On the 9th of August 2018, I saw Sweeny Todd: The Demon Barber of Fleet Street at Minack Theatre. Minack Theatre is an outdoor theatre in Cornwall and it is built into the cliffs out of rock and it overlooks the sea.
Sweeny Todd was a musical and it was recommended for over 12's. I saw the Matinee Performance by The Barnstormers. Sweeny Todd is about a barber who has returned to London after surviving 15 years in exile. He hopes to find his beautiful wife and daughter, Johanna, but when he finds out what happened to them, he wants to take revenge-especially on the judge who ruined his life in multiple ways.
The play opened with the ensemble singing The Ballad of Sweeny Todd. This song really set the scene of the play which would be extremely dark and gruesome. I thought it was very effective the way the ensemble acted in character when they weren't singing, however when they were singing, they stepped into the role of the narrator and the audience felt like they were in the middle of Victorian London and really knew what was going on. They did this very effectively by using eye contact.
One think I loved about it was that there were so many forms of the arts involved in the performance. The main arts form were acting, dancing and singing but there was also the music, staging designs, costumes and props. When you add this all to a stage by the sea, it creates the perfect afternoon of watching an amazing movie.
I believe that the set designer did an excellent job as they weren't in an inside theatre where there isn't a natural backdrop. They had to battle for the audience's attention as there was a beautiful blue sea behind the actors. Despite this, I felt that I was sucked into Fleet Street with the fabulous but simple stage set. The set designer made us feel like we were really in Fleet Street by designing a stage set that felt like it was a building. As you can see in the picture, there were stairs up to the barber's shop which made it feel like you were really inside it, despite the fact that there was no walls around it.
I quite liked the costumes as they were traditional Victorian style and each costume reflected the hierarchy which was around in Victorian London. For example, the judge had a smart and clean suit, whereas the beggar lady had a very dirty and scruffy dress.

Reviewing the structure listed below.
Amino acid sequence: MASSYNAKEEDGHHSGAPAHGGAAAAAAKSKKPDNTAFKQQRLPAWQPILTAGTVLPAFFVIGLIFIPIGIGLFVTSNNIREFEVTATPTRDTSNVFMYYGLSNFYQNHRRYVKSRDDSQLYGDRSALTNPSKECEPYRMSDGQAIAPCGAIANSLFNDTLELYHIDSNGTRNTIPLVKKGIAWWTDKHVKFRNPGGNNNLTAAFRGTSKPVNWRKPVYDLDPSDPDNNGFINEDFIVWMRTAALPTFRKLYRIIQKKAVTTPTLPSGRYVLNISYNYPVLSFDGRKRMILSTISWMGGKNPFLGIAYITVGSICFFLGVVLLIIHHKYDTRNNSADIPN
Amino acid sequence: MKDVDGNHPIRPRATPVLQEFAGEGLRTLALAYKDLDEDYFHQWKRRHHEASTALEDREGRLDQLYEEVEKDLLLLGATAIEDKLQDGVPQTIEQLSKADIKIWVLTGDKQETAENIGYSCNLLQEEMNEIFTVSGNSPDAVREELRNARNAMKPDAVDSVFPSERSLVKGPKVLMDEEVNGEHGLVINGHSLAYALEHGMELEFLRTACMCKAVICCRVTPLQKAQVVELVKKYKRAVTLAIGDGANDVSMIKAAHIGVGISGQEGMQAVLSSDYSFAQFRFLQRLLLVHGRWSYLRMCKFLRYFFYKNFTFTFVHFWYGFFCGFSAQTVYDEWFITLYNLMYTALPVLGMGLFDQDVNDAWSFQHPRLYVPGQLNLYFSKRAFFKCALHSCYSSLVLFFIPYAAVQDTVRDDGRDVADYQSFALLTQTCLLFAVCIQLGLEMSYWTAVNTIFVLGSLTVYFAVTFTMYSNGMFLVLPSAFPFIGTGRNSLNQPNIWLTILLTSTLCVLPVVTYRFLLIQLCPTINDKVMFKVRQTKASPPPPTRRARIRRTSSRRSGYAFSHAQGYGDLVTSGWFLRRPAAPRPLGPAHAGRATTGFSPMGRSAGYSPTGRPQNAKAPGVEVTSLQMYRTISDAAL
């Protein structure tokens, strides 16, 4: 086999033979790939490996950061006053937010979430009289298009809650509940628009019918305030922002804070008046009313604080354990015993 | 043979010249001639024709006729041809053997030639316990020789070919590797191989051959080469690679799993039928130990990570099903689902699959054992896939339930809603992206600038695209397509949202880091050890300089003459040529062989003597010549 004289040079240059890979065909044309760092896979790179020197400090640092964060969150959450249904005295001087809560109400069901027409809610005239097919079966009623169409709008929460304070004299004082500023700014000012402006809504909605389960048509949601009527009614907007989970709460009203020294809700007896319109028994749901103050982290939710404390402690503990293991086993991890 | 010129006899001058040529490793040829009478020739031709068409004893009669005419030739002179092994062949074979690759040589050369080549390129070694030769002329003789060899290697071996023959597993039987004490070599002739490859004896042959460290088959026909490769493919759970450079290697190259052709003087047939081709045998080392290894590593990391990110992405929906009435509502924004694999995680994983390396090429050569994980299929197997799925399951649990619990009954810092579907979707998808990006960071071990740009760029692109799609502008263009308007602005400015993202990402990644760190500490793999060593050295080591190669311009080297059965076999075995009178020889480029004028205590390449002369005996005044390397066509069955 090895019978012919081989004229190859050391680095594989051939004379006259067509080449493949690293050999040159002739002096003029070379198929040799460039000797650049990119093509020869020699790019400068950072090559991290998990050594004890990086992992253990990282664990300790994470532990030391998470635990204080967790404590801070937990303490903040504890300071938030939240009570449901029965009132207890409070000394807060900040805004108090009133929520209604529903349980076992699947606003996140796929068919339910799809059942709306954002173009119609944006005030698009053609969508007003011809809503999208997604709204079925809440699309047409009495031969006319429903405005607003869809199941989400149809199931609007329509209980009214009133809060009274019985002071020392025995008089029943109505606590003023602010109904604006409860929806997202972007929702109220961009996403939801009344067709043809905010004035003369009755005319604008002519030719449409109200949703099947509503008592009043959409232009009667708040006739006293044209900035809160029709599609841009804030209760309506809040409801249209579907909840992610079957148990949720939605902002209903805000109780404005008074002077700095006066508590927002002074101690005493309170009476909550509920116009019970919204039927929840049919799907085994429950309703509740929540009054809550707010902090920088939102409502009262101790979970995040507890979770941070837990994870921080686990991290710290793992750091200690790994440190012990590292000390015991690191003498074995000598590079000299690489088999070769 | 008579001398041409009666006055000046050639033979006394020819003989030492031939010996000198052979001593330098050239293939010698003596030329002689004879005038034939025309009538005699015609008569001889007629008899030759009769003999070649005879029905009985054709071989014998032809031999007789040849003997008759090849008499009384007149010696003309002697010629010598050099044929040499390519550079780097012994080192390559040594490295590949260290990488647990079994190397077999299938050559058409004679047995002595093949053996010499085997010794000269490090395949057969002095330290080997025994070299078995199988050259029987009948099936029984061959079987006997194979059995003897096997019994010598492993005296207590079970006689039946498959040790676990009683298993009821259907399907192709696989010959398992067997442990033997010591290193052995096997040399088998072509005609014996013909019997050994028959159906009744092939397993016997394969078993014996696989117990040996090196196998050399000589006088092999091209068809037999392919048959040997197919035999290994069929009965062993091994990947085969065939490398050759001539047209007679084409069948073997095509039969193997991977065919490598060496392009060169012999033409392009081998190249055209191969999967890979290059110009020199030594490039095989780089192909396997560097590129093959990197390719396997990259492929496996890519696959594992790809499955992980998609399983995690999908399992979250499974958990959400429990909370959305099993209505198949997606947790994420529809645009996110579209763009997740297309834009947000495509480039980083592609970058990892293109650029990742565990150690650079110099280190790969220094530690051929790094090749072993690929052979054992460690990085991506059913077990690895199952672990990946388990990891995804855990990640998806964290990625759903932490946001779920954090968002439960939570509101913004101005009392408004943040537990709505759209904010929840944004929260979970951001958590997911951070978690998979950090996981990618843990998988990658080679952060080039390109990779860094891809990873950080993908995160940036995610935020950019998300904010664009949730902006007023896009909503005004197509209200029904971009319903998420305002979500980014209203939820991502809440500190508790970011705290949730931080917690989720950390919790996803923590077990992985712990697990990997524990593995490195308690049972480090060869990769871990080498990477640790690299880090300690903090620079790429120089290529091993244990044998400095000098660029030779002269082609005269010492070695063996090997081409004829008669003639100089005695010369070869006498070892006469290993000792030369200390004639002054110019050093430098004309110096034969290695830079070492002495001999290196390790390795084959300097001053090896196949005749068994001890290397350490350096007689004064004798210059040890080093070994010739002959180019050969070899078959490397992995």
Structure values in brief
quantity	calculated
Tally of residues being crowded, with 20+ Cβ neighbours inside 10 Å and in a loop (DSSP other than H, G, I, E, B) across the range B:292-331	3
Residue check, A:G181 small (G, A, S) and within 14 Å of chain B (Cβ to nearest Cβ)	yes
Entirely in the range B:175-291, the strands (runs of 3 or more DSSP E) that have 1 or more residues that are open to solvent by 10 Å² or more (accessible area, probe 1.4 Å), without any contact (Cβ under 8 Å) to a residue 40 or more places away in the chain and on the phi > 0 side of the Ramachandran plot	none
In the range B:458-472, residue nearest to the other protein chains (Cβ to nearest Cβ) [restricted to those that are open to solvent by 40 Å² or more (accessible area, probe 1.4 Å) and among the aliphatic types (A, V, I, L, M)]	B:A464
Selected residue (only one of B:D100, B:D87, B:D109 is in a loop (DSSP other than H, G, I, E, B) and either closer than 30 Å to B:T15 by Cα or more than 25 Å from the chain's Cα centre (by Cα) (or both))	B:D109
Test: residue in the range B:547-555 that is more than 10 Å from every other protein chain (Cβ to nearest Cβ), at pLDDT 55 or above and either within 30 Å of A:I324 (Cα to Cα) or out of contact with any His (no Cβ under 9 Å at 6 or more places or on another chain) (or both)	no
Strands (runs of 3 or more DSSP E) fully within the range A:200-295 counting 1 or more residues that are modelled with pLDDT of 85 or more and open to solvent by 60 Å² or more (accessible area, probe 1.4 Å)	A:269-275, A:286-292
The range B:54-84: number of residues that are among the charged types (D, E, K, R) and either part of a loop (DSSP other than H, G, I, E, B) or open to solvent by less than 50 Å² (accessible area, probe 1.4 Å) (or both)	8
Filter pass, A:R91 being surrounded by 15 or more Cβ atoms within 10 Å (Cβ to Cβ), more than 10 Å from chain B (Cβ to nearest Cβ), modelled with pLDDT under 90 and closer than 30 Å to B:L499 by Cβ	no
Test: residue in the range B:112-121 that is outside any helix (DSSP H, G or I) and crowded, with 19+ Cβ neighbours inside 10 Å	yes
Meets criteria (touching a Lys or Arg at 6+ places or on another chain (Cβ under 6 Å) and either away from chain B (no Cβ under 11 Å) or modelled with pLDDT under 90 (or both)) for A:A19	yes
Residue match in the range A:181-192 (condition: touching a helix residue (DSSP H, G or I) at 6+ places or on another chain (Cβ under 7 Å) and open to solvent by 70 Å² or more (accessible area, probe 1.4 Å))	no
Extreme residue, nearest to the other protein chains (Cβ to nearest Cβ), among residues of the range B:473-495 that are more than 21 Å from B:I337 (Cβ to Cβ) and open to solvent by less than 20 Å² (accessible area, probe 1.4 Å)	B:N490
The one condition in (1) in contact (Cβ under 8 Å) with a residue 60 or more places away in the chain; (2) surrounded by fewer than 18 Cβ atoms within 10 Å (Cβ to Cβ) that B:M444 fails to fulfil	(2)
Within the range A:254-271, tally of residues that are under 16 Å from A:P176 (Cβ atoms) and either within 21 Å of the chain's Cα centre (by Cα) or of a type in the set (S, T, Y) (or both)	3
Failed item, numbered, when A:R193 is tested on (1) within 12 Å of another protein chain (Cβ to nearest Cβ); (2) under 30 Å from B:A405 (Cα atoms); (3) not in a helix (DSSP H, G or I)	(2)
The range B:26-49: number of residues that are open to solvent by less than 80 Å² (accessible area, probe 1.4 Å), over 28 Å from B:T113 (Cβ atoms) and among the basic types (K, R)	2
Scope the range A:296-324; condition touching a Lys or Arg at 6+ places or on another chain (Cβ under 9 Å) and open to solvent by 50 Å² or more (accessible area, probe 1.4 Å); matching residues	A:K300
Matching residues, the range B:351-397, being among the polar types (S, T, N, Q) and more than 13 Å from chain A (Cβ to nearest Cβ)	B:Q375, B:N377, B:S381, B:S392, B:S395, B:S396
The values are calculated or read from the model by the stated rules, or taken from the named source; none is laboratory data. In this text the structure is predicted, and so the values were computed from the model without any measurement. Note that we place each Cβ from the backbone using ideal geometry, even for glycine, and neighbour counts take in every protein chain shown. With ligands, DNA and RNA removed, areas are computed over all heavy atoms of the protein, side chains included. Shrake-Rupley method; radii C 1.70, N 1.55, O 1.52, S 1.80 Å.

A scene that really stood out to me was when Anthony went to the asylum to rescue Johanna. This scene stood out to me as they used no props on stage, but instead the ensemble where all dressed in white and had awfully messy hair. They were all doing different actions which made them seem crazy and insane. This really set the scene well without using any props.
As much as I enjoyed it, there is one part that I would change and improve. I felt that for me personally the play ended very bluntly and we didn't find out what happened to some of the characters. In the adaptation that I saw, it ended with the policeman, Anthony, Johanna and the ensemble arriving in the Bakehouse and seeing the horrors that lay inside. However I really wanted to know what happened to Johanna and Anthony. They had talked about getting married but I left the play with some unanswered questions in my head that I really wanted to know the answer to. Did Anthony and Johanna get married? What happened to Tobias?
Throughout the play, an actor that stood out for me was Sarah Trotman who played Mrs Lovett. She played her character really well and gave a lot of energy and thought to her performance. Whenever she sang a song, it was always gave an insight into her character. One of my favourite moments of Mrs Lovett, was when she sang By the Sea because right behind was the sea.
Overall, I loved the performance of Sweeny Todd and I think that Richard Allen did a get job of bringing together 120 actors, musicians, designers and technicians to put on this gruesome tale.
I'm off to buy a pie now, does anyone want to join me?